Advising Minnesota Corporations and Other Business Organizations - 2nd Edition - Hardcover
Advising Minnesota Corporations and Other Business Organizations - 2nd Edition - Electronic
ACTIONS AGAINST DIRECTORS
§ 82.01 Duties of Directors and Officers
Generally, directors and officers owe an enhanced or fiduciary duty to
the corporation for which they work, and to the corporation's
Corporate officers owe the corporation and its stockholders the
active duty of honesty and good faith. This court has continually
insisted upon the recognition of the fiduciary relation between
officers and directors and shareholders and has been active in
protecting in a proper case the interests of minority holders
against the oppression of the majority.2
A fiduciary is defined as "[a] person who is required to act for the
benefit of another person on all matters within the scope of the
relationship; one who owes to another the duties of good faith, trust,
confidence, and candor."3 A fiduciary relationship is "[a] relationship in
which one person is under a duty to act for the benefit of another on
matters within the scope of the relationship."4 The relationship is
analogous to the duty a trustee owes a trust.
But directors' and officers' duties have also been described as quasifiduciary,
5 because directors and officers are not strictly held to the
standards of a trustee.6 If they were, it would be impossible for them to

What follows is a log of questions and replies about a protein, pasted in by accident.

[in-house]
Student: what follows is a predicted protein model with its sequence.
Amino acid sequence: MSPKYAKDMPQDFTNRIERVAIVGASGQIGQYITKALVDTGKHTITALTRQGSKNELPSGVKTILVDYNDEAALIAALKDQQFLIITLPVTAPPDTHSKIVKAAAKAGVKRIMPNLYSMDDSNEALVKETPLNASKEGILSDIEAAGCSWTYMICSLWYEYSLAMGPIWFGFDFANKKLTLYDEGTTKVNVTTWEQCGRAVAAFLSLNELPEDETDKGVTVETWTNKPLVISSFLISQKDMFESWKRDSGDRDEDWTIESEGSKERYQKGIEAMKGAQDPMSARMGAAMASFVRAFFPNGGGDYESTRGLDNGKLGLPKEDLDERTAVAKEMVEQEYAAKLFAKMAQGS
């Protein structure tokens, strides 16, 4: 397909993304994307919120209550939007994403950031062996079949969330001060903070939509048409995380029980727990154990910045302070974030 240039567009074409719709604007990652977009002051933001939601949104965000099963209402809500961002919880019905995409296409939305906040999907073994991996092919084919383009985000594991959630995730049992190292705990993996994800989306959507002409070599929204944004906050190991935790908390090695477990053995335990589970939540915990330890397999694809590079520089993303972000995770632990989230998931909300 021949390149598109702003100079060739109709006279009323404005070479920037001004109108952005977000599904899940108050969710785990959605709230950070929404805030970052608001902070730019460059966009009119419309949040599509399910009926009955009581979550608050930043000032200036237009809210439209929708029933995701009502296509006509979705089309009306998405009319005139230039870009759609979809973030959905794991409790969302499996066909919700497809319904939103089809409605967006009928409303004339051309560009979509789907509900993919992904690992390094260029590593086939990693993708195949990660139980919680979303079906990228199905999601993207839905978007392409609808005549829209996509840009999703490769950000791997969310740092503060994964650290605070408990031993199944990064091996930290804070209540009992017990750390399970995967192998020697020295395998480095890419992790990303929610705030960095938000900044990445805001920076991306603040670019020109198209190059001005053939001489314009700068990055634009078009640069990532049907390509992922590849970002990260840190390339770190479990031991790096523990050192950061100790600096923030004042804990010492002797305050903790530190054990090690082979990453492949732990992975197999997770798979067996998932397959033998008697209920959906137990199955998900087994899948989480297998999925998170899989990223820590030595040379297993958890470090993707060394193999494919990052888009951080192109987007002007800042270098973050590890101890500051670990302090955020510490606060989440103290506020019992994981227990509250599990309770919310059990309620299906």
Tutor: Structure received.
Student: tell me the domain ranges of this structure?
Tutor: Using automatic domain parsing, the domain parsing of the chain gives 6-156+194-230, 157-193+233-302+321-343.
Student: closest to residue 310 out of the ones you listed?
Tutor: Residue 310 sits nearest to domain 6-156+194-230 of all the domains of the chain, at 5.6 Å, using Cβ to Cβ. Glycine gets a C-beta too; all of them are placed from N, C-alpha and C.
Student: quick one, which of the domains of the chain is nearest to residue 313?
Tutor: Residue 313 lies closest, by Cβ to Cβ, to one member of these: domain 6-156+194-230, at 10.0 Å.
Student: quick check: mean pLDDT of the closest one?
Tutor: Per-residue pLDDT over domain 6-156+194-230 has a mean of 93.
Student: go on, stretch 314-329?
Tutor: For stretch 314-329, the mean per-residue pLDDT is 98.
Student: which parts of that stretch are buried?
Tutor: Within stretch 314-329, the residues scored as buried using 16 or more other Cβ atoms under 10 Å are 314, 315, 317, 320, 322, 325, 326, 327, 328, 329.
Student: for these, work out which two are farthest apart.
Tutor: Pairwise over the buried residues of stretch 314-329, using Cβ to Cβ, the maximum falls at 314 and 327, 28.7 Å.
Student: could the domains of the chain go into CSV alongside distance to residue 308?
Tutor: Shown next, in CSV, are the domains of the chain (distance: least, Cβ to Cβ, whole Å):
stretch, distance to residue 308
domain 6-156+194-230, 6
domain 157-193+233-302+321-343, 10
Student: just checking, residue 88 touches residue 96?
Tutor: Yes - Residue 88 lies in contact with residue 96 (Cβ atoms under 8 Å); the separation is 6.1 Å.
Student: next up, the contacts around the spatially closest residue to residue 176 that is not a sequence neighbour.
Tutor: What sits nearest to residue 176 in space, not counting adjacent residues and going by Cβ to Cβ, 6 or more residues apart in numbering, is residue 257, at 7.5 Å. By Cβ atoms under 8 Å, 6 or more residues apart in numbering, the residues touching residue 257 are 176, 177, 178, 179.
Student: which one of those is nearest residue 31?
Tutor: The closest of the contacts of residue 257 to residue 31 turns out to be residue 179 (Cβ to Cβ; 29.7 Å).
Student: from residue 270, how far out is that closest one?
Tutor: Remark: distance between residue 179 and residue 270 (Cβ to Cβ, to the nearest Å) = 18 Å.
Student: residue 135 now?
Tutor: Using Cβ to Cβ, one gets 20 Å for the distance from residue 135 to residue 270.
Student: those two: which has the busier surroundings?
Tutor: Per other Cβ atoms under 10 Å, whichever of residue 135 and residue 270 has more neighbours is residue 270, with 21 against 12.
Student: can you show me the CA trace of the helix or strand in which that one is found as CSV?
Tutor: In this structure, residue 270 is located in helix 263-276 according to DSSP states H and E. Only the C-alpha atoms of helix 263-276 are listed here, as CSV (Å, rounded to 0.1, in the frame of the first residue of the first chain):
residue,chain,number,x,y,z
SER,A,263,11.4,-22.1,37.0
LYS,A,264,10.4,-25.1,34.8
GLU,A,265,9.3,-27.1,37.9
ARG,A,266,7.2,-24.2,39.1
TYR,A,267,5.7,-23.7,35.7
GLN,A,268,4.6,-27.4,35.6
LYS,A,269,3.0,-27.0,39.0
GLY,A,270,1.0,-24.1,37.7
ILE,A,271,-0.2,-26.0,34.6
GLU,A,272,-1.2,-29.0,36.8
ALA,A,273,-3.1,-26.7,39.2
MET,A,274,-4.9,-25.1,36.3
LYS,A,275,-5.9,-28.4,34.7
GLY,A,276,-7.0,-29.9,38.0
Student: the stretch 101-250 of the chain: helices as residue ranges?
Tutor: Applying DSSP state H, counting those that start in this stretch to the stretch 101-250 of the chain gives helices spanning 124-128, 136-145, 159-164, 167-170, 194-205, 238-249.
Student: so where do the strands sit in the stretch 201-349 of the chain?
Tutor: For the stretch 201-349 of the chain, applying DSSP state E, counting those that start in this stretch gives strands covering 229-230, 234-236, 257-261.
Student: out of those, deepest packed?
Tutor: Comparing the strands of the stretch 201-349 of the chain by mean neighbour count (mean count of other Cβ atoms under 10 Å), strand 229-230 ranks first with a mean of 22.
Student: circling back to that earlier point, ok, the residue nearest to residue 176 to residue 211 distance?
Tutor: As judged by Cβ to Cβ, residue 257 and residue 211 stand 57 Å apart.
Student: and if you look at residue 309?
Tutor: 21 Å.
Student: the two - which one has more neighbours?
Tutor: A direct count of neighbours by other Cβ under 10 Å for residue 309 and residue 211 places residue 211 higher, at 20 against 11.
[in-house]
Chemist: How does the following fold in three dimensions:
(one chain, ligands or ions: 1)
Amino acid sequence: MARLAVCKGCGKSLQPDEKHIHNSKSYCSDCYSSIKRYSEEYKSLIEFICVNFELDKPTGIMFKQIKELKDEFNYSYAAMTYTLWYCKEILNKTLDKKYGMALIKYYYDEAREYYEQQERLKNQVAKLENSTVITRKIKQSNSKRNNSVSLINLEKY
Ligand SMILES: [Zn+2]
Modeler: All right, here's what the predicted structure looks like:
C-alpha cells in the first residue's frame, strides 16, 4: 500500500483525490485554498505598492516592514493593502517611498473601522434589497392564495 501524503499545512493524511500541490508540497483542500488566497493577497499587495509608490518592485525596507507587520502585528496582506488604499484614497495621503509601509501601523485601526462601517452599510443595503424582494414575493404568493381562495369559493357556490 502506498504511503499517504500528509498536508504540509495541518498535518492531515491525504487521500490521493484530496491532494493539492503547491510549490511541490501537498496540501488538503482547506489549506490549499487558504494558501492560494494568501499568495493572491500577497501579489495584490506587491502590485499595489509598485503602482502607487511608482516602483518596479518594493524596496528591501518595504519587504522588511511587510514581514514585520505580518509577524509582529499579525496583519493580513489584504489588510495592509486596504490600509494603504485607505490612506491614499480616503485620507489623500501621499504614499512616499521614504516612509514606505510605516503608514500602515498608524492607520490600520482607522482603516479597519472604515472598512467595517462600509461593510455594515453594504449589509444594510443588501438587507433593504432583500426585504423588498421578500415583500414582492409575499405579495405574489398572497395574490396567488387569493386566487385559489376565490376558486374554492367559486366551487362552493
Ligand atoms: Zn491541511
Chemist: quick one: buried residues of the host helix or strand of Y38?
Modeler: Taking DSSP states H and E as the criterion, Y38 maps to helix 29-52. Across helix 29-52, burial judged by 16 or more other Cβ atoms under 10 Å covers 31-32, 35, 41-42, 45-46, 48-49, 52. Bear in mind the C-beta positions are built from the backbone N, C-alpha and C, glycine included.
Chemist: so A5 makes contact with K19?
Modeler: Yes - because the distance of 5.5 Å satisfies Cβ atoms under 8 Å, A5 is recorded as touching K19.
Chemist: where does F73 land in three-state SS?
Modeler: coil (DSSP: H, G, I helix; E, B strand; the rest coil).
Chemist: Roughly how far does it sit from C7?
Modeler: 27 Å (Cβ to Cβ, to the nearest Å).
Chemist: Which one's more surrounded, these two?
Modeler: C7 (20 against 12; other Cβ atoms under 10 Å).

conduct business effectively, because officers and directors often need to
take risks in business that, if committed by a trustee, would be considered
a breach. As a result, the "fiduciary duty" of officers and corporations
should not be determined by comparison to other types of fiduciaries, but
should be determined by the unique fact situation of the corporation.
Roger J. Magnuson is a Partner at Dorsey and Whitney, LLP, where he serves as Head of the National Strategic Litigation Group and has practiced since 1973. He has been recognized as one of the top trial lawyers in the United States by major national and international publications, including Chambers International Guide to American Lawyers, which profiles the top 500 trial lawyers in the United States, Best Lawyers in America, Who's Who in American Law, and Who's Who in America. Mr. Magnuson was also recognized by a Journal of Law and Politics' survey for Judge's Choice "Wins Most Cases."
Some high profile cases that he has litigated include representation of the Florida Senate in the Bush v. Gore election controversy in 2000; and representation of the Plaintiffs in the widely publicized and studied Mall of America case. For several years he has represented, among other persons and entities, the Minnesota Twins and Major League Baseball principals and players in litigation; and has litigated national and local cases in federal and state court venues. He has appealed before the Supreme Court in a number of cases; as well as the Minnesota Supreme Court. He has authored several articles and 7 books.
Richard A. Saliterman is a Principal in Saliternan & Siefferman P.C., a full-service firm in Minneapolis established in 1976. Mr. Saliterman is a leading expert on corporate business matters, and is the author of several publications on business start-ups, franchises, and trademarks. Mr. Saliterman is the former National Judge Advocate for the U.S. Navy League, based in Washington D.C.